What happens when a book is seized by the authorities?
SOMETIMES, the best thing that could happen to a book is the worst thing.
When Malaysia’s Home Affairs Ministry withheld Malaysian Maverick: Mahathir Mohamad in Turbulent Times in December last year, it sparked such ferocious interest in the book that it became an instant best-seller when it was finally released locally earlier this year.
The book (reviewed below), written by 66-year-old former Asian Wall Street Journal editor Barry Wain, takes a critical look at Tun Dr Mahathir Mohamad’s reign as Malaysian Prime Minister from 1981 to 2003. Wain is currently writer-in-residence at Singapore’s Institute of Southeast Asian Studies. Palgrave Macmillan has a publishing relationship with the institute – and that is how Wain’s manuscript came into Steve Maginn’s hands.
“I thought it was an excellent piece of work,” says the Palgrave Macmillan executive director, East Asia, via telephone while he was in Malaysia recently.
He sent the manuscript to Britain for fact-checking with independent advisors and the book was eventually printed in Hong Kong late in 2009. The first batch of 500 copies was shipped immediately to Malaysia and should have arrived in local stores in December, but Maginn received a call from Palgrave Macmillan’s Malaysian distributor informing him that the books were being held by the Home Affairs Ministry so that officials could check the contents.
“I wasn’t very happy, of course, because we believe in the freedom of the press and speech. We thought it was not a very good idea to disallow a book to be read,” says Maginn with dry British understatement.
But he quickly realised that there would be a “knock on effect” from the decision: “Interest would be sparked in the book and people would try to get their hands on it however they could,” he says.
And that’s exactly what happened.
Malaysian Maverick became a hot topic in online forums, blogs and even offline, in the political arena: Opposition elder statesman Lim Kit Siang called on Prime Minister Datuk Seri Najib Tun Razak to set up a royal commission of inquiry to investigate Tun Mahathir over the book’s allegations while PAS vice-president Datuk Mahfuz Omar said that there was no reason to detain the book. Tun Mahathir himself said that the book should be released to the public.
As a result of the brouhaha, there was, in Maginn’s words, “a huge pent-up demand” for the book.
The Government initially requested to hold the books for 60 days. Palgrave Macmillan decided to be patient and wait.
“We, as foreign publishers, accept that each country has the right to decide whether a book is acceptable or not. But we would expect any decision made to be based on true facts of the true content of the book rather than simply using the book as a political foothold,” says Maginn.
The company wasn’t particularly worried because it believed that there was nothing wrong with the book.
While these are explicit comic books and novels seized because they are clearly illegal, some books are held
merely because authorities are wary of the contents and want time to check them.
“Books can be controversial for a number of reasons. We personally didn’t think that the book was particularly controversial. We think the book gives a very balanced account of Mahathir Mohamad’s political life. But we accept that different countries have different policies towards certain content,” he says.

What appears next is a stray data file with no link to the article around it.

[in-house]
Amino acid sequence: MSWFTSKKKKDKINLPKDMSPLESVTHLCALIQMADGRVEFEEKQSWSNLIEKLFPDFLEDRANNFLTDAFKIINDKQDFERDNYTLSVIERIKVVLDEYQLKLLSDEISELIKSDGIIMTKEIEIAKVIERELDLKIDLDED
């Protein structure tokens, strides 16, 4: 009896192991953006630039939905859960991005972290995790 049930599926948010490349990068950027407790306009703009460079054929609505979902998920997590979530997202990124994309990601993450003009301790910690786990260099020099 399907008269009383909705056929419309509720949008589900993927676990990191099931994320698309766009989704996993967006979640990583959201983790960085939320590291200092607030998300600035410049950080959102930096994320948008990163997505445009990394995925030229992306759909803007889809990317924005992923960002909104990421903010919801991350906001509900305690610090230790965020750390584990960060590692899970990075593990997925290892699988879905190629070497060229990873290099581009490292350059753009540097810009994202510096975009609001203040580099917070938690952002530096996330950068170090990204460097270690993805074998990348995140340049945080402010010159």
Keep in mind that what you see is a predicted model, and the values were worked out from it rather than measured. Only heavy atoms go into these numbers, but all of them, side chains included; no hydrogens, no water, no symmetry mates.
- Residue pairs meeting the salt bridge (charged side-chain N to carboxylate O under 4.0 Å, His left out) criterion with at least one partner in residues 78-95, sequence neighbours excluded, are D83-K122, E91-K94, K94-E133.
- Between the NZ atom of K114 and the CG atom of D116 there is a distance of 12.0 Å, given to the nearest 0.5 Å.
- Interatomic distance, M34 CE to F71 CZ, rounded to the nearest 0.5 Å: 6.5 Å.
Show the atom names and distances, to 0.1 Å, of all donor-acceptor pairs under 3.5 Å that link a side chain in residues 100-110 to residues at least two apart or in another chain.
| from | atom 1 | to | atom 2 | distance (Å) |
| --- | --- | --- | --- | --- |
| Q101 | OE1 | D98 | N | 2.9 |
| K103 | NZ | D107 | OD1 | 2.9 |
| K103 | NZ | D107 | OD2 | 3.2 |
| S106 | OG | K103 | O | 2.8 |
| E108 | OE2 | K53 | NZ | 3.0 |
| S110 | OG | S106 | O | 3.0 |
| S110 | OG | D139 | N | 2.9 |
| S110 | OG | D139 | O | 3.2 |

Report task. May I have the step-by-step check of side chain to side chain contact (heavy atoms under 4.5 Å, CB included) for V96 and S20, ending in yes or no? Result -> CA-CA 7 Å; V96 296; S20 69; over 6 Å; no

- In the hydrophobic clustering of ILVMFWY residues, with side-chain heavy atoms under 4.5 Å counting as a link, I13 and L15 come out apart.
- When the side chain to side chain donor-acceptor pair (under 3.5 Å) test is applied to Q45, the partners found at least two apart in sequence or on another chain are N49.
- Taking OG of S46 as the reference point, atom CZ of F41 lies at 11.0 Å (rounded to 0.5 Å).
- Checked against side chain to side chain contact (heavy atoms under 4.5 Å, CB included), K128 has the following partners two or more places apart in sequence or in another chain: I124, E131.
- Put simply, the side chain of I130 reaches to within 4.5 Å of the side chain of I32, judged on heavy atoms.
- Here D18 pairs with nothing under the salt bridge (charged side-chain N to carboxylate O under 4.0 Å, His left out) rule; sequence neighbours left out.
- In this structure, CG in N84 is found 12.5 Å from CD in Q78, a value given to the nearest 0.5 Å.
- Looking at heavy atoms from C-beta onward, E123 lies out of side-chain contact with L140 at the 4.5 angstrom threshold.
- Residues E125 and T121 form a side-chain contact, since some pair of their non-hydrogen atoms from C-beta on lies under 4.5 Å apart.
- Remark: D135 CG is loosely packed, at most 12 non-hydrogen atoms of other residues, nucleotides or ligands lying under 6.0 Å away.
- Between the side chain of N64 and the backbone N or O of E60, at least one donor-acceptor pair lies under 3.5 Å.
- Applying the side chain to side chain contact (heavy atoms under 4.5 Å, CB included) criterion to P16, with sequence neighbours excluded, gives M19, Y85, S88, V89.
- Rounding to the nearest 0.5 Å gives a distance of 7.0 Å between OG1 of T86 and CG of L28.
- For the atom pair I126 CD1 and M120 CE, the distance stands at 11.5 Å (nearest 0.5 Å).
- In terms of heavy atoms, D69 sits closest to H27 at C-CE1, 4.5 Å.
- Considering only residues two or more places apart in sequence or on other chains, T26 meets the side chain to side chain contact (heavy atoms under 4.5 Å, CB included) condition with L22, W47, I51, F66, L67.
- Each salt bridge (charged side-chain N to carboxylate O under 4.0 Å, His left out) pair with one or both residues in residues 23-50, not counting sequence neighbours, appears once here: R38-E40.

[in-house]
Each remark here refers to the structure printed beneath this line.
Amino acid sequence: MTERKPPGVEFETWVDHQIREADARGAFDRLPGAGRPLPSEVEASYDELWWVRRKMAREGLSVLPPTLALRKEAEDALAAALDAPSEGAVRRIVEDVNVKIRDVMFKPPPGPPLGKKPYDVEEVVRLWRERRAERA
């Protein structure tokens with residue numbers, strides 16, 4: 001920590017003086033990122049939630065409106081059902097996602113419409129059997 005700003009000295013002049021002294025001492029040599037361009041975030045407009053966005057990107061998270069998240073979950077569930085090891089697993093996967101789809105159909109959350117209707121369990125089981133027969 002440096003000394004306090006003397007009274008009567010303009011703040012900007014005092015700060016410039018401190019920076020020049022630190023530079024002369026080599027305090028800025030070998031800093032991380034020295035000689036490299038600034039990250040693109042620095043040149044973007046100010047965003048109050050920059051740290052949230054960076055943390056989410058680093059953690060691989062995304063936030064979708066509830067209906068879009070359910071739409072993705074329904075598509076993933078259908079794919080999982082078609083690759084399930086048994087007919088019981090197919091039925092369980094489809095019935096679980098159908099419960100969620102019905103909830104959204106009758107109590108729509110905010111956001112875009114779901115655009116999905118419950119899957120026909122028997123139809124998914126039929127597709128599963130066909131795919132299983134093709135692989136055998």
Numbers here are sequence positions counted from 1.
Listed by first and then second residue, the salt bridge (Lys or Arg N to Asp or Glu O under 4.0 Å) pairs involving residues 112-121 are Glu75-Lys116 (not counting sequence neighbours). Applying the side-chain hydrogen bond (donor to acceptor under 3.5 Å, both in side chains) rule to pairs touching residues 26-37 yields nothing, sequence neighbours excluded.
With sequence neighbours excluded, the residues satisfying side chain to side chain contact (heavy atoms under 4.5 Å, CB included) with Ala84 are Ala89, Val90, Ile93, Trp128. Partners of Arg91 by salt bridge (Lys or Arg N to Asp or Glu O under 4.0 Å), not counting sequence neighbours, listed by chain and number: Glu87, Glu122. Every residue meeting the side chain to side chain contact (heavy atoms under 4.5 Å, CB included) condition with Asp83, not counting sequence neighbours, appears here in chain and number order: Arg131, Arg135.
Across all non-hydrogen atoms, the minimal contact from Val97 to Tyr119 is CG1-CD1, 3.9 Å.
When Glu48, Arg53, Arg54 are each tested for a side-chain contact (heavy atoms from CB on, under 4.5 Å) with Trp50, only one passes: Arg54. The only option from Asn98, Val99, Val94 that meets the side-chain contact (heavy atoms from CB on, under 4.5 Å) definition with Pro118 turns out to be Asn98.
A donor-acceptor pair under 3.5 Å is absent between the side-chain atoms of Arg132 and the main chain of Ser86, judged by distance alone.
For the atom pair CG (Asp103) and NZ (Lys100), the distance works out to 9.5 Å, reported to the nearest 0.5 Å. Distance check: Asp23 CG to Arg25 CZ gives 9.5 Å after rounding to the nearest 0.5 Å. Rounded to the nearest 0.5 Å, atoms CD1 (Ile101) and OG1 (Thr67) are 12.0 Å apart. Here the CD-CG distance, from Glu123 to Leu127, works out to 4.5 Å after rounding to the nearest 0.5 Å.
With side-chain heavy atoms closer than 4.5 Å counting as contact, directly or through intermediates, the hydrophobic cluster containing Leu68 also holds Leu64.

At the end of the 60 days, the Home Affairs Ministry said that it needed a further 60 days to continue its study of the book. Maginn felt that this was an “inordinate delay”.
“I think we could have written to the ministry to ask why it was taking so long to come to a judgement but we just thought it was better to wait and see what the results would be,” he says, adding the Palgrave Macmillan was always confident that the ministry would be reasonable.
Finally, a few days after the second 60-day period, the ministry gave Malaysian Maverick a “clean release”, and the book became available in Malaysia at the end of April. It quickly became the No.1 best-selling non-fiction book in the country and has remained in the top 10 lists of most Malaysian bookstores till this day.
Although Maginn, in his experience, had not (until Malaysian Maverick) dealt with books being held at customs before, from time to time, his company has published books that were not allowed to be sold in certain countries.
“It’s not that the government would ban the book. What happens is that the book importers simply would not import a book that they consider politically unacceptable. ...I wouldn’t expect to sell a book calling for Tibetan independence, for example, in China,” he says.
A few years ago, Palgrave Macmillan published a book about Asia that had a chapter about then prime minister of Thailand, Thaksin Shinawatra.
“It wasn’t a very complimentary chapter. It was comparing Thaksin to the (former) Italian prime minister Silvio Berlusconi, talking about how they made all their money ... and how they both bought their way into power,” says Maginn.
The book wasn’t banned in Thailand. However, “One of the bookstores there returned all their stocks to us because they had been ‘advised’ that they shouldn’t be selling the book,” he says.
“From time to time we do publish books that are controversial, but our intention is not to cause controversy. Our intention is to publish a piece of scholarly research,” says Maginn.
Meanwhile, Malaysian Maverick continues to sell well. And the company has just finished printing a further 7,000 copies, of which 5,000 will be coming to Malaysia and the remainder will go to Singapore and other countries.
“Bizarrely, (withholding the books) probably meant we sold more books. We wouldn’t have done this well otherwise,” says Maginn.